Hong Kong Court Says Film Mogul Can Sue Google for Defamation

Albert Yeung
Albert Yeung
 AP Images

A court in Hong Kong has ruled that tycoon Albert Yeung, head of the conglomerate that owns Emperor Motion Pictures, can sue Google for defamation because an autocomplete in searches for his name suggests adding the word "triad," the territory’s notorious organized crime gangs.

When searching in English for Albert Yeung Sau-shing, the founder and chairman of Emperor Group, which owns property and jewelry firms as well as the film company, the searches automatically suggest "triad" as the second option.

In Chinese, the autocomplete function also offers "Sun Yee On" and "14K," which are the names of prominent triad gangs.

Yeung wants Google to be made to remove the “defamatory” suggestions and to pay him compensation.

EMP is one of Hong Kong’s three biggest film companies, and it recently opened the first of a chain of multiplex cinemas. Among its recent hits is Dante Lam’s The Demon Within, and it is also backing Jiang Wen’s Gone With the Bullets, the follow-up to the hugely successful Let the Bullets Fly.

Hong Kong’s High Court has dismissed the search giant's argument that it did not bear responsibility for suggestions in the autocomplete function related to Yeung and that the court did not have personal jurisdiction over the U.S. search giant, the South China Morning Post newspaper reported.

“There is a good arguable case that Google Inc is the publisher of the Words and liable for their publication,” said Marlene Ng, the deputy high court judge, in her ruling.

“The advantages of having easy access to a rich store of information...[come] at a price; any risk of misinformation can spread easily as users forage in the web…. The art is to find the comfortable equilibrium in between,” Ng said.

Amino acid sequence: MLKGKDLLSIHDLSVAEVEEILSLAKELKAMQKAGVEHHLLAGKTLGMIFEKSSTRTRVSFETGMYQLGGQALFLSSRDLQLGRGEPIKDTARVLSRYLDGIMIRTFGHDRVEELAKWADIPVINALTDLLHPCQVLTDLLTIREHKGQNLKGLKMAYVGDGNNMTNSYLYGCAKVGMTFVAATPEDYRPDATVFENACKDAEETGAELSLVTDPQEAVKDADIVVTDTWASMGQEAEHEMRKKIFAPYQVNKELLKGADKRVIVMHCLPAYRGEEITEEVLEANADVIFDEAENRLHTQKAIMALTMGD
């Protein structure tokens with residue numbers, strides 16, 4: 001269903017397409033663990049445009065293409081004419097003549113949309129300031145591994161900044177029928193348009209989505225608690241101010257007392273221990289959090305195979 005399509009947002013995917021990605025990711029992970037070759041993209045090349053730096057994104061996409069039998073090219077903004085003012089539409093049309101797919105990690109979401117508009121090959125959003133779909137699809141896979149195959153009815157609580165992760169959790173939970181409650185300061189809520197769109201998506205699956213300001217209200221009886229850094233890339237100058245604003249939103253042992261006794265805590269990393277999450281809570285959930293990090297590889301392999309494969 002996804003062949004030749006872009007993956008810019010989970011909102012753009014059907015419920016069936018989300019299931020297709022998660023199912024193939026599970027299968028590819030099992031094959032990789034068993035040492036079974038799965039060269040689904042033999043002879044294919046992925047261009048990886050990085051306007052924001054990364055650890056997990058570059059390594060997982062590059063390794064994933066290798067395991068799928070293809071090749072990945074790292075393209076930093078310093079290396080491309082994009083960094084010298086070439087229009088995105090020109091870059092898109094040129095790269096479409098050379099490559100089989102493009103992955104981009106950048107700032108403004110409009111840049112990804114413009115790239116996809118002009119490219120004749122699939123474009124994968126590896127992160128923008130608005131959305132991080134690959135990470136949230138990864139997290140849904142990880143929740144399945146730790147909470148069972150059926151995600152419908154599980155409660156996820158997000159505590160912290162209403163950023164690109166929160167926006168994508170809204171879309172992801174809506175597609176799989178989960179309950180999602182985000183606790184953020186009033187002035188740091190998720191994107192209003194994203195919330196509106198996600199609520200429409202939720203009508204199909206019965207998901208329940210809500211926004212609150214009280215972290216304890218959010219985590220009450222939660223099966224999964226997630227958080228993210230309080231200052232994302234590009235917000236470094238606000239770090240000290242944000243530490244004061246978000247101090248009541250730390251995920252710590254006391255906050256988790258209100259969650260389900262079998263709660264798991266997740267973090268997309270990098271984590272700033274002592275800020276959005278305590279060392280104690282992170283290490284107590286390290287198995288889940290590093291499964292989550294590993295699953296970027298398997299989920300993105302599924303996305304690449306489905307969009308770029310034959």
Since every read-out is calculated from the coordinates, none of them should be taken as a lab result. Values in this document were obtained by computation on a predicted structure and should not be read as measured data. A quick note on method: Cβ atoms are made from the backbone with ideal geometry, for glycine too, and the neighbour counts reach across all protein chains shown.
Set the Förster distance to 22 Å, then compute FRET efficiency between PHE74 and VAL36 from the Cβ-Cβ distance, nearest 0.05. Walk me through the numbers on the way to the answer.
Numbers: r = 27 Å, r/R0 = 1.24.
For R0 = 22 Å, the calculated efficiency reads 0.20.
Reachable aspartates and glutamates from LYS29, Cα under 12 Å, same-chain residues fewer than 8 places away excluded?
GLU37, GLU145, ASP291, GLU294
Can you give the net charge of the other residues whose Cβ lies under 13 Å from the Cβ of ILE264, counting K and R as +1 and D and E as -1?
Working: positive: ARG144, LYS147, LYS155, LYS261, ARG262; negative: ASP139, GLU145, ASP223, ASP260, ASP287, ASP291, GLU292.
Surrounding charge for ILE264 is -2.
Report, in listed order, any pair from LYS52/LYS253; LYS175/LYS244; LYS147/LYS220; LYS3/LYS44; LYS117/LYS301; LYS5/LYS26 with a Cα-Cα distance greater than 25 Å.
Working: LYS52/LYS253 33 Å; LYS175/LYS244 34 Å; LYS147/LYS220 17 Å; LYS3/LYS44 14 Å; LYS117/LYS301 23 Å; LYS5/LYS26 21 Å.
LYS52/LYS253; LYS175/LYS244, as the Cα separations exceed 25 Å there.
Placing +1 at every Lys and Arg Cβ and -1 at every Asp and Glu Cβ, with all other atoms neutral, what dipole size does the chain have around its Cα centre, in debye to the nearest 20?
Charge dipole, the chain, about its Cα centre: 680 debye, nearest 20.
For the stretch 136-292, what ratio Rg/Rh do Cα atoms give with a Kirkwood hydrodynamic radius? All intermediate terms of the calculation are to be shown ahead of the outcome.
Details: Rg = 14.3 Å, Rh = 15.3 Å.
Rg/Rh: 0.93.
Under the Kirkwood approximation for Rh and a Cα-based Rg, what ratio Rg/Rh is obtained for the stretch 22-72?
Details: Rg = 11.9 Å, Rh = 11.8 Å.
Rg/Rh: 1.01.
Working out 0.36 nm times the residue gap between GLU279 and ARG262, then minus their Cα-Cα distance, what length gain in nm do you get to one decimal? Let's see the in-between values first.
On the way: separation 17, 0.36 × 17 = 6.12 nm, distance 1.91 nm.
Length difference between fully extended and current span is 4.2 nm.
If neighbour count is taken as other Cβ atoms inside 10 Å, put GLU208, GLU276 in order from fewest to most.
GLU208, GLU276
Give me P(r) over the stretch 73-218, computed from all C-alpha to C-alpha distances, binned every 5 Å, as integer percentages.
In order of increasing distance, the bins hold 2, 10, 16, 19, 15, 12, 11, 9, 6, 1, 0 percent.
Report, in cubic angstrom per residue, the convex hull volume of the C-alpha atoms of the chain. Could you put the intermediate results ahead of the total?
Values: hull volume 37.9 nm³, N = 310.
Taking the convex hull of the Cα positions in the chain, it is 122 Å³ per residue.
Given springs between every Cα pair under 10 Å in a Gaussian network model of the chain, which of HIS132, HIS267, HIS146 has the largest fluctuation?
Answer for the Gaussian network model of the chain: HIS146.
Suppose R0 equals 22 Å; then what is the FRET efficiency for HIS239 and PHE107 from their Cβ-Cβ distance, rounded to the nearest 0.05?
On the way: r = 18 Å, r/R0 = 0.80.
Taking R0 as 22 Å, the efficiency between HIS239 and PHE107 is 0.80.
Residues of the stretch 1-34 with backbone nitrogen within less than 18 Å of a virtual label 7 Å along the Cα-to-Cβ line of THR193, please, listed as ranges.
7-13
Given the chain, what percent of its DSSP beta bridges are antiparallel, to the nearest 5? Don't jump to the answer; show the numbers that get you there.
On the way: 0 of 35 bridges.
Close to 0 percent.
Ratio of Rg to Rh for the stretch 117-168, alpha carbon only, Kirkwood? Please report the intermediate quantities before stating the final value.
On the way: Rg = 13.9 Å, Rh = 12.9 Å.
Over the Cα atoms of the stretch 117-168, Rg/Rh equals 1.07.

Google argued that autocomplete works according to an automated algorithm and the company is not responsible for the resulting suggestions, which change depending on what a critical mass of users search for.

Google’s lawyer Gerard McCoy warned that “the entire basis of the Internet will be compromised” if search engines were required to “audit” what could be accessed by Internet users.

This is a regular problem for Google. In May, the European Union’s highest court, the European Court of Justice, ruled that people have a right to request that years-old personal information that is no longer relevant be removed from Internet search results, the so-called right to be forgotten.

Yeung is one of Hong Kong's richest businesspeople and a larger- than-life figure behind top stars, including Nicholas Tse, Gillian Chung and Charlene Choi, but he makes rare forays into the public arena.

In 1981, he spent nine months in prison after he was found guilty of obstructing justice in a personal injury case, and he survived a kidnapping attempt in 1989. In 1994, he was picked up by the Organized Crime and Triad Bureau (OCTB) but was acquitted.

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